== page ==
As more of our population becomes fully vaccinated against Covid-19, many of us are now able to enjoy a greater semblance of normalcy. Mask-less trips to the grocery store, a return to the office, summer get-togethers with friends, weekend trips, and vacations are increasingly the norm.
For parents, however, it is important to understand that our children are not experiencing the same level of recovery. Children whose parents are in the process of separation or divorce have an even greater burden.
Children under age 12 cannot yet receive a Covid vaccine. Even children over age 12 who are able to be vaccinated have rules still in place in their schools and extracurricular activities. Most children have not experienced a full return to school or all of their regular extracurricular activities, and nearly all schools and other activities still require children to wear masks, among other restrictions. On top of that, many children have missed significant life events, including school graduations, the special senior years, missed college trips, and the special freshman years.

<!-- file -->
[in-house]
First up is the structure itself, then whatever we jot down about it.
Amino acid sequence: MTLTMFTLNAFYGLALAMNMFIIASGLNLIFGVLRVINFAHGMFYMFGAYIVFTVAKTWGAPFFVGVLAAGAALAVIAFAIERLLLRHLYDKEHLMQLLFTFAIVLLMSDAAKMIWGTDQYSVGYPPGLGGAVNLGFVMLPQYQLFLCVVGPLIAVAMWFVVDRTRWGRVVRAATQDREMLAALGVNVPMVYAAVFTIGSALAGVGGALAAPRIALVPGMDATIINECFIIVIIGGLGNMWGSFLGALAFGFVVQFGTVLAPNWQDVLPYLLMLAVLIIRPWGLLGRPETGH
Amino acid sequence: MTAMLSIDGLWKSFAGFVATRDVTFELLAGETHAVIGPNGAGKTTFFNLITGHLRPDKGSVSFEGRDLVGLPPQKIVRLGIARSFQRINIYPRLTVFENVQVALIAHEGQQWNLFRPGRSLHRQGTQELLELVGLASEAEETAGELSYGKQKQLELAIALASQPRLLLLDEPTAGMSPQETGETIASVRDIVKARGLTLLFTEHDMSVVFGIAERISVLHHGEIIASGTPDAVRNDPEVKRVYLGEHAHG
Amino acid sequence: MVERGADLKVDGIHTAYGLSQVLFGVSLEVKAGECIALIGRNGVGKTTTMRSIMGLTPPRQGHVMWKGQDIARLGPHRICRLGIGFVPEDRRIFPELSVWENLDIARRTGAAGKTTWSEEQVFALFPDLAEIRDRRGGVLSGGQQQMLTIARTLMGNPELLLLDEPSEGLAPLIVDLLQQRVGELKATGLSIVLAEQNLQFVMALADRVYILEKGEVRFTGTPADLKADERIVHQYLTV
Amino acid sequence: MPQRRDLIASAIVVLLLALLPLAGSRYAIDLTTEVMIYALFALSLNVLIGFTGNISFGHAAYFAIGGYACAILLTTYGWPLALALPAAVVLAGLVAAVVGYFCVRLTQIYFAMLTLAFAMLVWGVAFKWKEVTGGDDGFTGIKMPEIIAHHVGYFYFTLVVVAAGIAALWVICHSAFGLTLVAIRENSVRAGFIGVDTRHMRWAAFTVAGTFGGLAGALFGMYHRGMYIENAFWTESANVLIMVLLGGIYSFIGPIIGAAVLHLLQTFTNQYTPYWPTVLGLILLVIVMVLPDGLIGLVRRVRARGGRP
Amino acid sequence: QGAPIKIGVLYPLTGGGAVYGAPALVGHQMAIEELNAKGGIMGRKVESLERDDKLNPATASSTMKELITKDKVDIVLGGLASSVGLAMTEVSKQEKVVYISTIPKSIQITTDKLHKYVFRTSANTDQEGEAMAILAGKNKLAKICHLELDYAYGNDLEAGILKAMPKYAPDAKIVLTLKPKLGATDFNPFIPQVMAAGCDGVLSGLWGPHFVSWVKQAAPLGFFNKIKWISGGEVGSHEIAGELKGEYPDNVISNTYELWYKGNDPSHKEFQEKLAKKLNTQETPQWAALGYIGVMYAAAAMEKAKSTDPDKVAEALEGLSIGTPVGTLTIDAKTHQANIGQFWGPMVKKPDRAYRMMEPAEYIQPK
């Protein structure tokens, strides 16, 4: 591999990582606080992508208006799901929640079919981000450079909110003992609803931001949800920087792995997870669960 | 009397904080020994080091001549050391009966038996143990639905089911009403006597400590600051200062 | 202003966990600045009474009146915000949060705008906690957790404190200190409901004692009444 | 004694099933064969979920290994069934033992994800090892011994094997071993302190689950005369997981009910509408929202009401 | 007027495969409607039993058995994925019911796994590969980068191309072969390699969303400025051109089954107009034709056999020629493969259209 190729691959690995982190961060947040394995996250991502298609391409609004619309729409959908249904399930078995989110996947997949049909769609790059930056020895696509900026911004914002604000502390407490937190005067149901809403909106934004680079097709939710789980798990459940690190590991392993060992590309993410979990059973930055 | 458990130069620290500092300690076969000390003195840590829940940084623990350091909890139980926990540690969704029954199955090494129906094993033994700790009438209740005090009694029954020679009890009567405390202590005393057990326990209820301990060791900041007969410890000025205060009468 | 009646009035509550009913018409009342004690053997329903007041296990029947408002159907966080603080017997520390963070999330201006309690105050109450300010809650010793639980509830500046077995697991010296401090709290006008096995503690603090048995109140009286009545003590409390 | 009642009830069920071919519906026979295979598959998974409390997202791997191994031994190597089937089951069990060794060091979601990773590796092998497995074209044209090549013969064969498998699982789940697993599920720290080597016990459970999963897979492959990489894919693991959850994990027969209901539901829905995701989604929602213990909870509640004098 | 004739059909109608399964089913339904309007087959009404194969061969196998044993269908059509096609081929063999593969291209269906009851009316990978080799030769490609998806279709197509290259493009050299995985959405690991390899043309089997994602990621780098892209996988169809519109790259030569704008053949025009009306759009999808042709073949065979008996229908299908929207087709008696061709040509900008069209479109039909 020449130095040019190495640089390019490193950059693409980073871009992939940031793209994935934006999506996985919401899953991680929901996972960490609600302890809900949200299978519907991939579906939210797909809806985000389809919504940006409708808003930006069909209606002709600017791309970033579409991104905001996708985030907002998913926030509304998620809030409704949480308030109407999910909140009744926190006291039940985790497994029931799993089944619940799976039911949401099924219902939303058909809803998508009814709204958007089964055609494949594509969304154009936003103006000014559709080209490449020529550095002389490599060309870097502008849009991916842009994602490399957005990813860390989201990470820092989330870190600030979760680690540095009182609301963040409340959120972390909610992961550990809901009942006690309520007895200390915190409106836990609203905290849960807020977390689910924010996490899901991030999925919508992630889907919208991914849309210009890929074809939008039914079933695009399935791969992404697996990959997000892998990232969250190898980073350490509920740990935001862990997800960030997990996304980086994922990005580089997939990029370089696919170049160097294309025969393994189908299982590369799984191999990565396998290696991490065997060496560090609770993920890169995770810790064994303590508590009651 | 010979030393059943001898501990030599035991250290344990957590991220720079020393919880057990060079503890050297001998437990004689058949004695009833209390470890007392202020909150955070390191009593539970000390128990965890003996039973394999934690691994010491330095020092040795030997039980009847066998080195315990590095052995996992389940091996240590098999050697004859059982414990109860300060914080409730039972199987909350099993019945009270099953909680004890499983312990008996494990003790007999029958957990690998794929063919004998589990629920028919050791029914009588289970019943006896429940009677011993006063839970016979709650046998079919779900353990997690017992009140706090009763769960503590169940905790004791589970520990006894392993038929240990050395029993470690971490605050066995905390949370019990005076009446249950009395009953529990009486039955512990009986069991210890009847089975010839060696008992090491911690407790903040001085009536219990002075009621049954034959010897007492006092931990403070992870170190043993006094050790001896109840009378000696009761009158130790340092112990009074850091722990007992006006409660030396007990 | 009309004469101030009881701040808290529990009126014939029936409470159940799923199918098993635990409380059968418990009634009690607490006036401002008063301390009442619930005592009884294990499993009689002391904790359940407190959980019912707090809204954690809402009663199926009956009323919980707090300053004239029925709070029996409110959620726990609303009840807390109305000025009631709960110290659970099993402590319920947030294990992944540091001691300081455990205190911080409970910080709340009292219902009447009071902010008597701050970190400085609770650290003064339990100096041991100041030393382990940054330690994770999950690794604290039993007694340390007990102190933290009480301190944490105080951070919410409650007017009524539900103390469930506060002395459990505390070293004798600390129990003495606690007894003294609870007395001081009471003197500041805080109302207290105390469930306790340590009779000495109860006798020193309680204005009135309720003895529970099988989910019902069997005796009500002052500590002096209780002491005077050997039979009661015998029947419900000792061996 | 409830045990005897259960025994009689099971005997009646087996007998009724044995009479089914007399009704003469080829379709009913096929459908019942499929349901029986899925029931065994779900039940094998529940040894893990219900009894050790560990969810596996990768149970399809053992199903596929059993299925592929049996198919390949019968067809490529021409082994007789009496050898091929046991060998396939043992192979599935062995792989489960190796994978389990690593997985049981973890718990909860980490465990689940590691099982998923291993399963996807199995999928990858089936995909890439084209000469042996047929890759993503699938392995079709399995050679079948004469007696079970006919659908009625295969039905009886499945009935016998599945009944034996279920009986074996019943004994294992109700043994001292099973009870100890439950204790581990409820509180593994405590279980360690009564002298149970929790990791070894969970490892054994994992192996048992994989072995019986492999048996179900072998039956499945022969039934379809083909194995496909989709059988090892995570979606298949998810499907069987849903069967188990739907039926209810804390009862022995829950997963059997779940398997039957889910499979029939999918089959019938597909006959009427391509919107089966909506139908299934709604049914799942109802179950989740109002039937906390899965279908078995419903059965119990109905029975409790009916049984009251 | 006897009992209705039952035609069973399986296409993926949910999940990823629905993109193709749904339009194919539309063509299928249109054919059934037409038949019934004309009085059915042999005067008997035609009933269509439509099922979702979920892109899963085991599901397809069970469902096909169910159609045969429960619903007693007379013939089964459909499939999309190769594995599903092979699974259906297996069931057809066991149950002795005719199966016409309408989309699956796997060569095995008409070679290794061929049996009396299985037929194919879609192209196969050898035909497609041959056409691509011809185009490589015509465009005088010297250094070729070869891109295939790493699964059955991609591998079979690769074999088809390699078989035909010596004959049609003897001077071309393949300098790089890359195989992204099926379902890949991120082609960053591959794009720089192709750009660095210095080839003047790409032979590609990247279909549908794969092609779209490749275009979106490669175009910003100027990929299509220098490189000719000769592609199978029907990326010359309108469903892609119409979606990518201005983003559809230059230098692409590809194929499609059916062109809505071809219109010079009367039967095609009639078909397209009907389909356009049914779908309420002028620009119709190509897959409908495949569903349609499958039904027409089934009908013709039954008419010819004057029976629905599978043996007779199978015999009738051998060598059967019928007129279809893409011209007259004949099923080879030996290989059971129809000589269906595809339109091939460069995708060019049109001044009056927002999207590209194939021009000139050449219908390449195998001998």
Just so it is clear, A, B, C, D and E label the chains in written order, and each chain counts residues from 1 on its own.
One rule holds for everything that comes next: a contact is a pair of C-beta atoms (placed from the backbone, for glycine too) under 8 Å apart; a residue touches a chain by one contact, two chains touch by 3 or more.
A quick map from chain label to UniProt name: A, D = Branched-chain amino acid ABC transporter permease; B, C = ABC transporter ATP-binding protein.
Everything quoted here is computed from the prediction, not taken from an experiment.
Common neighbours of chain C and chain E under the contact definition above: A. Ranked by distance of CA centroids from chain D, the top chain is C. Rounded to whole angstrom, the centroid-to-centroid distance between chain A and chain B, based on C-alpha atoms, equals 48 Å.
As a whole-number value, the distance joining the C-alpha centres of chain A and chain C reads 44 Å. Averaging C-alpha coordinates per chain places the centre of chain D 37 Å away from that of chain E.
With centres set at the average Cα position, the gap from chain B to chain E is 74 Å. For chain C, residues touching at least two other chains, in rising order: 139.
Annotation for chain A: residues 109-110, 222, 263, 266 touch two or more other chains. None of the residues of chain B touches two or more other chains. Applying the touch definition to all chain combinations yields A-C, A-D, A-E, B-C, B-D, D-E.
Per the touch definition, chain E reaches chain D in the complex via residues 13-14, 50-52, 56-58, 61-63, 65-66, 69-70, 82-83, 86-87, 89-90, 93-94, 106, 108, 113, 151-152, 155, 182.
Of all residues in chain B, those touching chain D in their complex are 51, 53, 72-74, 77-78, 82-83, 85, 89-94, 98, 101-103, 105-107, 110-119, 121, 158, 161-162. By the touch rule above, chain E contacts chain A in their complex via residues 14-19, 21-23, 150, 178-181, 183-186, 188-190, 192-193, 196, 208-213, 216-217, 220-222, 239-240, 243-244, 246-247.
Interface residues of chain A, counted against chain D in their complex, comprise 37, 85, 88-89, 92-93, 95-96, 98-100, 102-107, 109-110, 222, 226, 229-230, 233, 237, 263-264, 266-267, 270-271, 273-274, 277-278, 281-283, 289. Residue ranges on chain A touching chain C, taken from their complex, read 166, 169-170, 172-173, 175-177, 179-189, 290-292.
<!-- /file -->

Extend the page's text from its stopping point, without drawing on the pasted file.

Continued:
The disruption to children’s normal lives and schedules negatively impacted children in a variety of ways. Many kids experienced isolation during the pandemic. Children’s reliance on the internet brought with it an overreliance on electronics, and in many cases an over-indulgence or dependency on screens. While there is a dearth of robust medical studies to help us understand the full impact of Covid, incidents of mental health issues among children of all ages are reported to have increased during the pandemic.
To continue reading, check out the full article on Lerch Early’s website: https://www.lerchearly.com/news/children-are-still-struggling-post-vaccine-while-adults-return-to-normalcy.